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Preparing the Body for Backpacking

03.28.18

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Preparing the Body for Backpacking
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  • View from the top of Dog Mountain.- Preparing the Body for Backpacking
  • The mission ahead, the Manitou Springs Incline.- Preparing the Body for Backpacking
  • After the false summit, the incline becomes a very steep 45-degree angle.- Preparing the Body for Backpacking
  • Pedestrian bridge in Portland. Published without modification under CC 2.0.- Preparing the Body for Backpacking
  • Mount St. Helens Loowit Trail.- Preparing the Body for Backpacking
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People who think about going backpacking for the first time commonly look for the most convenient training opportunity, which is very often a set of stairs. Be it in their house, their business, or a local park, stairs can be found everywhere. With stairs, the most we typically carry up them is our body weight. Immediately loading a backpack with 25 to 50 pounds is a strain on the shoulders, back, hips, knees, ankles, and even the feet. There are a lot of things you can do to help ease the transition and get prepared to make your first backpacking excursion a success.

Successfully implementing a training program on stairs is multi-faceted, and the following items and tips should be remembered throughout your training:

  1. Start small and increase the weight incrementally, no more than seven to 10 pounds per week as long as you are getting two to three sessions in per week. It doesn’t matter if you are interested in taking up hiking, backpacking, mountain biking, trail running, or any other type of physical exercise; with any new exercise routine, you should work into it incrementally to help avoid the potential for injury.
  2. Get a pack with a hip belt similar to something you would wear mountaineering or backpacking, and make sure it fits you correctly. There are sizes, and just like with shoes, a poor fit can cause problems. A pack can help distribute the weight and load it onto the body efficiently.
  3. Make sure to try and distribute the actual weight in the pack. One 50-pound weight at the bottom of the pack is not nearly as good as actually loading the pack with gear to be as representative of the actual load for your trip as possible. So, use your tent and your stove and all that other gear, supplementing as necessary (gallons of water and bags of rice work really well) to get up to the desired weight. With the total weight, definitely aim to practice with a heavier weight than the goal weight for the trip. Practicing with more will help the load feel lighter when it matters most.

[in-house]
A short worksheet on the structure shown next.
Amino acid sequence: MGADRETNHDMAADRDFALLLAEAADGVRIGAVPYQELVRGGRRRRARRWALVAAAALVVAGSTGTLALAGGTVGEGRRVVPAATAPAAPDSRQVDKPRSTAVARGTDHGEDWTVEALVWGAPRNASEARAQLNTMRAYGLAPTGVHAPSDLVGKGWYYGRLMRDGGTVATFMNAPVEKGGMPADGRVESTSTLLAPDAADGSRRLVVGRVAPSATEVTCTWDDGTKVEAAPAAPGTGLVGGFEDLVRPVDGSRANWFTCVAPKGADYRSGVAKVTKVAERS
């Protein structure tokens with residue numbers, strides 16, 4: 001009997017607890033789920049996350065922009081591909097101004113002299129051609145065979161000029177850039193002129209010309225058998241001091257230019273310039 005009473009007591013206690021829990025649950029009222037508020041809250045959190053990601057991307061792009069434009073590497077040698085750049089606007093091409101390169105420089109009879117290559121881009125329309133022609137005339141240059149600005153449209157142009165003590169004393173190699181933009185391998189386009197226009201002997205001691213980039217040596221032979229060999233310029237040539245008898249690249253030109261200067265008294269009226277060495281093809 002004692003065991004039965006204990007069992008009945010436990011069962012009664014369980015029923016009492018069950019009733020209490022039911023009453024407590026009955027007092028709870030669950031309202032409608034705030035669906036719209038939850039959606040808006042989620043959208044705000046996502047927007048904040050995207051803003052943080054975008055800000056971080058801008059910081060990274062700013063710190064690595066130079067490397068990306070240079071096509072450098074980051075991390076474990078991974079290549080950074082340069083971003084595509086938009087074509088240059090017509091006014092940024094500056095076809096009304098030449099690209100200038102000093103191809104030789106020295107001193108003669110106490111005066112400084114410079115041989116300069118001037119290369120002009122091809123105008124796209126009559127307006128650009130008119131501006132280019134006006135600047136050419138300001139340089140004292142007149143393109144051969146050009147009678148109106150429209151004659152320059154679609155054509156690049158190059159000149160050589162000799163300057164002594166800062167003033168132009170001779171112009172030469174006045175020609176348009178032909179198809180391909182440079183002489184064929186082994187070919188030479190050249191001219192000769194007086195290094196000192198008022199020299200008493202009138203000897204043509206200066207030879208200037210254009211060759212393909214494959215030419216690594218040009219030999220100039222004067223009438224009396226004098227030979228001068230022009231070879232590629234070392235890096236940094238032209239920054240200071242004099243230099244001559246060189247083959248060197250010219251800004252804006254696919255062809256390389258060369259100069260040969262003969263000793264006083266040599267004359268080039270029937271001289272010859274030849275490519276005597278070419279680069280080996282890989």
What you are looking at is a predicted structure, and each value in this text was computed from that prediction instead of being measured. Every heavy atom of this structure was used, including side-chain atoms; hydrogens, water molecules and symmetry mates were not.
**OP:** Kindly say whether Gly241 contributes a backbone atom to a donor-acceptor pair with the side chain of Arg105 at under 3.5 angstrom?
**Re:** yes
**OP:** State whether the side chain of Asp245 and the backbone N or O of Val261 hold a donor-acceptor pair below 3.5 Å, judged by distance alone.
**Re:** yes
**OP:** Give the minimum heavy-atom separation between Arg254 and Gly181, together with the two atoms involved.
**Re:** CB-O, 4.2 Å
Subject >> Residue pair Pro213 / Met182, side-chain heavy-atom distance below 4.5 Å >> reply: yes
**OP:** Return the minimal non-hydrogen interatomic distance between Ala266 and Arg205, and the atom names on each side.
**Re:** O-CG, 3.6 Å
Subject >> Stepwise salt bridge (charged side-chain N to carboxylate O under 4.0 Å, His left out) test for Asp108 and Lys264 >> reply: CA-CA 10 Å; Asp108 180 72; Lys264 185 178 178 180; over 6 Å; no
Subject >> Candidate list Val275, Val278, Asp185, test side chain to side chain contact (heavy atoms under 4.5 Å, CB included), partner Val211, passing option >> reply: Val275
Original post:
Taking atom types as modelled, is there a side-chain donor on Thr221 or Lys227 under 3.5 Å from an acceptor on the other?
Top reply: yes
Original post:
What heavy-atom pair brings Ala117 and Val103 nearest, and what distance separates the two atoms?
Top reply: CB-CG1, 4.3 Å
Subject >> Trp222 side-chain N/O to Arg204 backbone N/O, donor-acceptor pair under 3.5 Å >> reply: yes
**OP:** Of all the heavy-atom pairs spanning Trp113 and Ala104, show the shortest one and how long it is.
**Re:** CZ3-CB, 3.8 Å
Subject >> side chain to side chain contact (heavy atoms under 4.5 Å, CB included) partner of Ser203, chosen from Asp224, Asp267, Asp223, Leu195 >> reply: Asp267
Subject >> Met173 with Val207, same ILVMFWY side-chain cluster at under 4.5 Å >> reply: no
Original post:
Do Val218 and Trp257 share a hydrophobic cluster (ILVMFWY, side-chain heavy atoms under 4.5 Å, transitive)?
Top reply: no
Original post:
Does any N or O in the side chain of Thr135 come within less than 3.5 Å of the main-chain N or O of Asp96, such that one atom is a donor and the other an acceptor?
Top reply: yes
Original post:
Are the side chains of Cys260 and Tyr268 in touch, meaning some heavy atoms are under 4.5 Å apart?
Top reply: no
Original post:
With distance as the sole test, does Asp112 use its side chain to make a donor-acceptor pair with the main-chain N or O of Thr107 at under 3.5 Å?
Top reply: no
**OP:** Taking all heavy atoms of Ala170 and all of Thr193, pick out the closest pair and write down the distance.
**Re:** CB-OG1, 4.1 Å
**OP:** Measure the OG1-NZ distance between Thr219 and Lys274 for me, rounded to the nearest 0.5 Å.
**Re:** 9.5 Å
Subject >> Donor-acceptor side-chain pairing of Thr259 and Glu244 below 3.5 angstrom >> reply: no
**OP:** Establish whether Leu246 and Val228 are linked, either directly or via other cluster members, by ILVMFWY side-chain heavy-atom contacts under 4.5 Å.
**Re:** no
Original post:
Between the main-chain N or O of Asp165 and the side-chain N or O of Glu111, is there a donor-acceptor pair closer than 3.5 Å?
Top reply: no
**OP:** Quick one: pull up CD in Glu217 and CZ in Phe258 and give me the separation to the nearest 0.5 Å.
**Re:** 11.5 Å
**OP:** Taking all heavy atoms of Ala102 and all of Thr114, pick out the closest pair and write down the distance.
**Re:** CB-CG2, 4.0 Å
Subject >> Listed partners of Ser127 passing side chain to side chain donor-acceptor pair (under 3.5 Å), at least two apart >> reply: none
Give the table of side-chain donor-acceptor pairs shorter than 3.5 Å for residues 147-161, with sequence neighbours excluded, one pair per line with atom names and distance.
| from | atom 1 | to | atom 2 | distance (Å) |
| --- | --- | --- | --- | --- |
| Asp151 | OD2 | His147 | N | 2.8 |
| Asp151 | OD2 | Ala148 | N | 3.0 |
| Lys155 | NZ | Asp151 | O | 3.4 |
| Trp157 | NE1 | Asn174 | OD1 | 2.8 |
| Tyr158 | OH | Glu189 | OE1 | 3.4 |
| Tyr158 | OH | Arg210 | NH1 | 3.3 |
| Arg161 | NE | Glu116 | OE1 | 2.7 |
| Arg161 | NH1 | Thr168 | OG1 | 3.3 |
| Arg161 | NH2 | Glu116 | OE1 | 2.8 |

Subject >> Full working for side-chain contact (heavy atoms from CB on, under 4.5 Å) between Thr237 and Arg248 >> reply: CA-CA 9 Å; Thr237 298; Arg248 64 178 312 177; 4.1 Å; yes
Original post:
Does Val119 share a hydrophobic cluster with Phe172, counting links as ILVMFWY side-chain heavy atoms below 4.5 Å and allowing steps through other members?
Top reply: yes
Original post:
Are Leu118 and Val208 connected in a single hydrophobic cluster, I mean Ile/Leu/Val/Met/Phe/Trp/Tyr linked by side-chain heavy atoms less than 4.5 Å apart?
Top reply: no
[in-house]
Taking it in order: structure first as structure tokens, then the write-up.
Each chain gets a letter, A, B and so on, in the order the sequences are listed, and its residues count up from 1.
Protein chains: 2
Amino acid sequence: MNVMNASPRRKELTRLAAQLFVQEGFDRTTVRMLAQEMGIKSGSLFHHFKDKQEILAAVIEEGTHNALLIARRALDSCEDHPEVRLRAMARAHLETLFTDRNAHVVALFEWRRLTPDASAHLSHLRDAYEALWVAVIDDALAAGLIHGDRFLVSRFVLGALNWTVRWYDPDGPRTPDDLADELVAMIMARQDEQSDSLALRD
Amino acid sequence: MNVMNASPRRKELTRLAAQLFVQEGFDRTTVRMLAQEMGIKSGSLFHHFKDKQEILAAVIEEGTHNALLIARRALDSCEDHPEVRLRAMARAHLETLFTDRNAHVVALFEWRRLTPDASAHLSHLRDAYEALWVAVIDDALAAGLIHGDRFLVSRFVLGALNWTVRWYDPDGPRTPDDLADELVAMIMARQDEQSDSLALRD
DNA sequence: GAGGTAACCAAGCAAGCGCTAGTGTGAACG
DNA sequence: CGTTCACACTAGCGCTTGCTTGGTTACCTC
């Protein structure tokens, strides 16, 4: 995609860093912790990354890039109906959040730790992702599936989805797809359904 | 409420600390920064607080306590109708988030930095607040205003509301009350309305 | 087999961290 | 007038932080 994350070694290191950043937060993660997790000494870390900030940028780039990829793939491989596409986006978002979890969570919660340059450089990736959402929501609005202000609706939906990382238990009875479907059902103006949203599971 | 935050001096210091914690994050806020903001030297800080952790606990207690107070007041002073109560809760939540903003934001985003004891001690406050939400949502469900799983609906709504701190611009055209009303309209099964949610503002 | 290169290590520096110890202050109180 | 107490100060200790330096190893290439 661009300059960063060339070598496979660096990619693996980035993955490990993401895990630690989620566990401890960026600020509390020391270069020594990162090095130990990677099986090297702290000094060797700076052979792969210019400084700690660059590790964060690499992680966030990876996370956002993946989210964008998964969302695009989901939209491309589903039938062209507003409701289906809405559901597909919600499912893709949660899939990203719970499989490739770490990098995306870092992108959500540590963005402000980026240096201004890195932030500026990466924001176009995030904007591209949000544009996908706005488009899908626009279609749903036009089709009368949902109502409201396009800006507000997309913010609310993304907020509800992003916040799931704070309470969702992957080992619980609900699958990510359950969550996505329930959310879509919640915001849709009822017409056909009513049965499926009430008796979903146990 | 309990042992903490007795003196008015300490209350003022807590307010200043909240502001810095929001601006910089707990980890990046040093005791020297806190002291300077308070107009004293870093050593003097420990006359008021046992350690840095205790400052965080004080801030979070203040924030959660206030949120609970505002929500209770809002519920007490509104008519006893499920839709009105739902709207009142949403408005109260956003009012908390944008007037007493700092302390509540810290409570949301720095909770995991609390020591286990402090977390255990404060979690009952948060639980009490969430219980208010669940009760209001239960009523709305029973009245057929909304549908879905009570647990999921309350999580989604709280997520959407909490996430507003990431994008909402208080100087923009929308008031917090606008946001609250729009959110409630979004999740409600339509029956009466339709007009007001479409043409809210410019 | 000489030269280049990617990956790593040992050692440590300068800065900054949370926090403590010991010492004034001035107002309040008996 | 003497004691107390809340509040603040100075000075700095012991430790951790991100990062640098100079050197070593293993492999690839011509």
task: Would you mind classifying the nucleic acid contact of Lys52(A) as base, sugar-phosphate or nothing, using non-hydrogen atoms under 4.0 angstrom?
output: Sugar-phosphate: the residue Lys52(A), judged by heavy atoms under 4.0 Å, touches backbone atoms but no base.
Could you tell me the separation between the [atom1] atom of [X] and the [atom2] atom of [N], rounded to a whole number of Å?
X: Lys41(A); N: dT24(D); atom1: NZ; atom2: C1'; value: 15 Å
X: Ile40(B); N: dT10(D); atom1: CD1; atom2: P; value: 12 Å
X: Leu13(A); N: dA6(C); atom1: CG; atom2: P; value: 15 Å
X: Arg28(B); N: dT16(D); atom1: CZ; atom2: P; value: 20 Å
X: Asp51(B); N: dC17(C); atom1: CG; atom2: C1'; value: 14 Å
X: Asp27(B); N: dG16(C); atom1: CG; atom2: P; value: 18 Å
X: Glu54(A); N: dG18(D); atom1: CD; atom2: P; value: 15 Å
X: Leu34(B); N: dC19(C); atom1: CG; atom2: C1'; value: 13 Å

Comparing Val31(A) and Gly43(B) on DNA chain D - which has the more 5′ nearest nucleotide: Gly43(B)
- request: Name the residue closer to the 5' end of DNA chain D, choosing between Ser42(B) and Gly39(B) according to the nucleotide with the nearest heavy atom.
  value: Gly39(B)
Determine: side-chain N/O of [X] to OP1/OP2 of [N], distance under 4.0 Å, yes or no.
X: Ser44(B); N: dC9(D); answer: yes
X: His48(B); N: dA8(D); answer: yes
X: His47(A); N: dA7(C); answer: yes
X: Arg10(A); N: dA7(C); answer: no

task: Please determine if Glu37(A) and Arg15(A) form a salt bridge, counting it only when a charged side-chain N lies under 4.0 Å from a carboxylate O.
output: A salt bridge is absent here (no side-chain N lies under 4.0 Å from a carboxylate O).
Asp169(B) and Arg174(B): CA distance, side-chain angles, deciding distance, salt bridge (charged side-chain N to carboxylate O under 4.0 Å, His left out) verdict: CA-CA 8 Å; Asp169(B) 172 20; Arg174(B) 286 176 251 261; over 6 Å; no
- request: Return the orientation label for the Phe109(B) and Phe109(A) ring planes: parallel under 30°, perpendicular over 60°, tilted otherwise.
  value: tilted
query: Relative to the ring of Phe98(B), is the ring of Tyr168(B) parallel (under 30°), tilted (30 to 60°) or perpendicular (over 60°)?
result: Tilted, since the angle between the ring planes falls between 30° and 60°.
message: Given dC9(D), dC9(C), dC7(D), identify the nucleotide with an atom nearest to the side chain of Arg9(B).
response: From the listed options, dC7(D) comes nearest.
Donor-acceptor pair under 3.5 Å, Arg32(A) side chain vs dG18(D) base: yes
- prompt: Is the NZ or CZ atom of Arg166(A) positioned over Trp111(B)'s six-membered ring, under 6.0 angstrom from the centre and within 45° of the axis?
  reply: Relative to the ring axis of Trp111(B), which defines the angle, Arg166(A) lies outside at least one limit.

4. Try to supplement stair workouts with similar training on local trails at least once per week if at all possible. Remember that while stairs provide a convenient workout, they are only a rough approximation of walking up the side of a mountain. There are few variations in the terrain, and the steps are generally identical in height and width, two things that are very uncommon in the natural world. As an added bonus, your local hikes are probably a lot more scenic than the local stairwell!
  5. Scour Outdoor Project and reach out to your friends or local outdoor groups about where you can get some good practice. You don’t need a giant mountain to train on; any path of a quarter mile or so with a slope of 10% to 25% should suffice. You may have to do several trips up and down, but just getting out on the trails - no matter how short - will help keep your training on point.
  6. Remember that training for the downhills is just as important! Gaining strength and stability for downhill portions is critical for completing long trips without burning out your quads or stressing the knee joints too much, which can result in discomfort.
  7. Finally, it’s important not to be in pain. Being sore is okay, but being in pain is not. Don’t be afraid to ask for help; a session or two with a qualified professional (personal trainer, physical therapist, sports chiropractor) may be all you need to learn some appropriate exercises that can help alleviate the consequences of typical lifestyle - which includes sitting at a desk all day and not getting up and using your body enough.
  8. Need some ideas? If you are anywhere near the Columbia River Gorge in the Pacific Northwest, head out to Dog Mountain. With three different routes to the summit, Dog Mountain offers an excellent training opportunity. Closer to the Rockies? No problem, head for the quaint town of Manitou Springs Colorado and seek out the old cog railway route. The Manitou Incline is a strenuous stair workout with a bailout point at the half way mark and the ability to take a trail down from halfway or the top. If you live in a predominantly flat area, look for highway overpasses or sports stadiums; they may be your only option for some vertical gain. Finally, keep the end goal in mind.  Maybe you want to take a crack at circumnavigating Mount St. Helens via the 30-ish mile Loowit Trail. The views will take your breath away, but the hills shouldn't!
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